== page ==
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A team from the U.S. Army’s 21st Theater Support Command in Kaiserslautern, Germany, is applying some focused fire to workplace inefficiency. And now, they're seeing immediate results.
A group of Lean Six Sigma practitioners called green and black belts aimed to improve output for the center, which is a new Humvee engine rebuilding line for U.S. forces in Europe during a weeklong Rapid Improvement Event (RIE) held December 11-15, 2006 on Rhein Ordnance Barracks.
"We are the first to host an RIE in Europe ... because we want to see our process efficient," said Klaus Rupp, the facility maintenance manager. "The RIE is making this improvement possible in a very short time."
An RIE is a project designed to quickly identify inefficiencies and recommend immediate corrective action by using LSS, a process improvement methodology used in industry and being adopted by the military.
Every employee is involved and encouraged to offer criticism of current work processes and to suggest possible solutions to problems they've identified, said Klaus Kastrup, an LSS specialist from the George Group, a consulting firm assisting U.S. Army, Europe with this and other such projects.
"Lean Six Sigma is about people," Kastrup said. "If something doesn't work, they're going to know better because they see it daily."
The team spent the first days of the RIE observing mechanics at work and identifying specific areas in need of streamlining. Organizing parts and tools was one of the obvious improvements immediately incorporated.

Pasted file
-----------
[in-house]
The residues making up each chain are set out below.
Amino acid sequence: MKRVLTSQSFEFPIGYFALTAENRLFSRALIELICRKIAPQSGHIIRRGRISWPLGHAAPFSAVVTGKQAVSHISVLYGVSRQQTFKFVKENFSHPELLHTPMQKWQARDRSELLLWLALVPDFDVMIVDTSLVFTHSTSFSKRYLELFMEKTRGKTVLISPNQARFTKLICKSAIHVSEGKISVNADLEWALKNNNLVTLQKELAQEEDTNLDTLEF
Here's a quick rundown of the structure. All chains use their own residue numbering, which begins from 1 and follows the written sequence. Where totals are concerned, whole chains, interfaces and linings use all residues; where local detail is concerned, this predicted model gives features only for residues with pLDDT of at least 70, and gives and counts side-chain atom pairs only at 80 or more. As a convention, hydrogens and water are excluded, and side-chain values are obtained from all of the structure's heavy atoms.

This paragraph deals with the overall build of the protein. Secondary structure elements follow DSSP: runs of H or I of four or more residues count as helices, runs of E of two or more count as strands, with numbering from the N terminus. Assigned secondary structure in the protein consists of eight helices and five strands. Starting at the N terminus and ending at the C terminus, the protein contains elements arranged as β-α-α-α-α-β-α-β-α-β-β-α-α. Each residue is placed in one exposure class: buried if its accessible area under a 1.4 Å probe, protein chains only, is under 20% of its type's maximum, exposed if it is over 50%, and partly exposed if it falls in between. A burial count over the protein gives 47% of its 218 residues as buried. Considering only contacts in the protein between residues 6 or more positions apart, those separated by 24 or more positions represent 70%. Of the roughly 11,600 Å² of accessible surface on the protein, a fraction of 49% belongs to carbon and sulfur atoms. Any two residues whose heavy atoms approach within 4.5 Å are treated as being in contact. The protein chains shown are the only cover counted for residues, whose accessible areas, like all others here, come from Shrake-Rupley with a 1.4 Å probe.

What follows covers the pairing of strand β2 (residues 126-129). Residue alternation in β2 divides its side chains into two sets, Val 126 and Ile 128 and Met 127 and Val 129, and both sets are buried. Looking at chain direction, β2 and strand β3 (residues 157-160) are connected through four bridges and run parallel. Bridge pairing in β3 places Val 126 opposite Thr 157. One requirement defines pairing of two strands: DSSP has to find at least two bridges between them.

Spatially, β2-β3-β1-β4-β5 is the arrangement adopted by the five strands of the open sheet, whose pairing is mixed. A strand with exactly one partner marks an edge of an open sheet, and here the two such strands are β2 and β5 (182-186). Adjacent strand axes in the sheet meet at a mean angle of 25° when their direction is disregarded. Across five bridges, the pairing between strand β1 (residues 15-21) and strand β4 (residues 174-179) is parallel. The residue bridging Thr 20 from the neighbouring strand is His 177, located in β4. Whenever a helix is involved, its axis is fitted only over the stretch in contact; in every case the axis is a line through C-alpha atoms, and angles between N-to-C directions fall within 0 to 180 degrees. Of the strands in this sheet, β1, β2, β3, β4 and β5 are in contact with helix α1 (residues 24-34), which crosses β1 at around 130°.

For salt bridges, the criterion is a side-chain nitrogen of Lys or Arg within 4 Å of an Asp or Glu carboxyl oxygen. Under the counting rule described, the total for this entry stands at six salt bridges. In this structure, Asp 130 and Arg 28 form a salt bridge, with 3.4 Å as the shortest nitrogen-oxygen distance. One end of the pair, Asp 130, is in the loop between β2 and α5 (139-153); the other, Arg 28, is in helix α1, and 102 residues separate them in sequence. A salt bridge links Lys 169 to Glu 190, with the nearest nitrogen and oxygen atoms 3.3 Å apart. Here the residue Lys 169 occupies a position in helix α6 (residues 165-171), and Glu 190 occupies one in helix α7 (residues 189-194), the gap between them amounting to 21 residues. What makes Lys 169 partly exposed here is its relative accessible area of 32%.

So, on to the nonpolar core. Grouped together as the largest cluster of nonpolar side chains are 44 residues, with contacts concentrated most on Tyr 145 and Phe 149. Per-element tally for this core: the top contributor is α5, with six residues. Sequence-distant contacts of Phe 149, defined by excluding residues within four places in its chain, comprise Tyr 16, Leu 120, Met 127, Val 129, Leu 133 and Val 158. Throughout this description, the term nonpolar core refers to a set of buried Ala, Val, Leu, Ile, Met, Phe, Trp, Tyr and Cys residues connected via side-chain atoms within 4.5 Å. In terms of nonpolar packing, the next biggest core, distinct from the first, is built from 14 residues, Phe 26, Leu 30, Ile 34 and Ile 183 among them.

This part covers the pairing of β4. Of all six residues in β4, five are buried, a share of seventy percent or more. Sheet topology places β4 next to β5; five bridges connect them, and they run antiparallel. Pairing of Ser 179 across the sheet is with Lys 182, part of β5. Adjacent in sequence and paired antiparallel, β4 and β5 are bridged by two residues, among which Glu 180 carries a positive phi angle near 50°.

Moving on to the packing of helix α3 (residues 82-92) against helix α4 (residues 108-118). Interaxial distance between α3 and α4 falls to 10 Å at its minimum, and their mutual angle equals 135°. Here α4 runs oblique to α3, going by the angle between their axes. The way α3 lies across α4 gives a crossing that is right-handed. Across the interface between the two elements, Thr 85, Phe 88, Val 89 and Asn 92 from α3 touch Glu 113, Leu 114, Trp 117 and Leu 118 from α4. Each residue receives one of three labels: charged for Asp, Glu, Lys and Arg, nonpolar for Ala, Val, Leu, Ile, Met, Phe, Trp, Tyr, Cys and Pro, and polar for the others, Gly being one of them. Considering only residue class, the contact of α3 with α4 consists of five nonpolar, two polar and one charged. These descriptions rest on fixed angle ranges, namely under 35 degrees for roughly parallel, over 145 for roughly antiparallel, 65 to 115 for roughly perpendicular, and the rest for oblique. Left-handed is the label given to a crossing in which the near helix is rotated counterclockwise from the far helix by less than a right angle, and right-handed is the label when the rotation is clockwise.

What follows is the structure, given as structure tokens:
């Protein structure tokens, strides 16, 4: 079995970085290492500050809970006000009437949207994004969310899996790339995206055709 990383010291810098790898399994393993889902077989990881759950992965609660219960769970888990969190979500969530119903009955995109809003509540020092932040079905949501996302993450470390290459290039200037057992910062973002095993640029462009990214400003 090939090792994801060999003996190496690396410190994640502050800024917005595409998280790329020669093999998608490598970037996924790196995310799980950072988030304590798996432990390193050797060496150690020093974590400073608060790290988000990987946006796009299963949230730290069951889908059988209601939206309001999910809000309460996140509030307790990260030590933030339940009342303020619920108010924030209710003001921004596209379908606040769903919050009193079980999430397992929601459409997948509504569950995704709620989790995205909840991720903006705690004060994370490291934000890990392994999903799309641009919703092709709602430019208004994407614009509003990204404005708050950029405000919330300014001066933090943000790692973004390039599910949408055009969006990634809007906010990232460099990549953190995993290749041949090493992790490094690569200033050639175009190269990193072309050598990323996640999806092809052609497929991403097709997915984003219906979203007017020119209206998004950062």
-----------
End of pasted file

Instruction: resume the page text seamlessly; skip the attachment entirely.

"We must think about how much time the mechanic takes to find a tool or find a part," Kastrup said. "If he takes too long because we don't have the part where he needs it, that's waste. We are here to fix that."
Other improvements the team recommended: co-locating the engine disassembly and parts-cleaning centers; and improving communication between mechanics and supervisors by using a status-tracking board.
Rupp believes the changes will "improve life for everyone."
"It gives ownership of the process to the mechanics, improvements come from their ideas," he said, adding that it will also result in returning high-quality vehicles to field units.
Meredith Weber, 21st TSC LSS manager, said the USAREUR-funded event was ideal for improving the engine rebuilding line and could also be useful in improving any process throughout the command.
"An RIE is designed to yield maximum results in a minimal amount of time," she said. "It's fast-paced and can be stressful, but it's useful in identifying and correcting inefficiencies in any process, from manufacturing to office work. There's always something that can be improved, and this is a great tool to make that happen."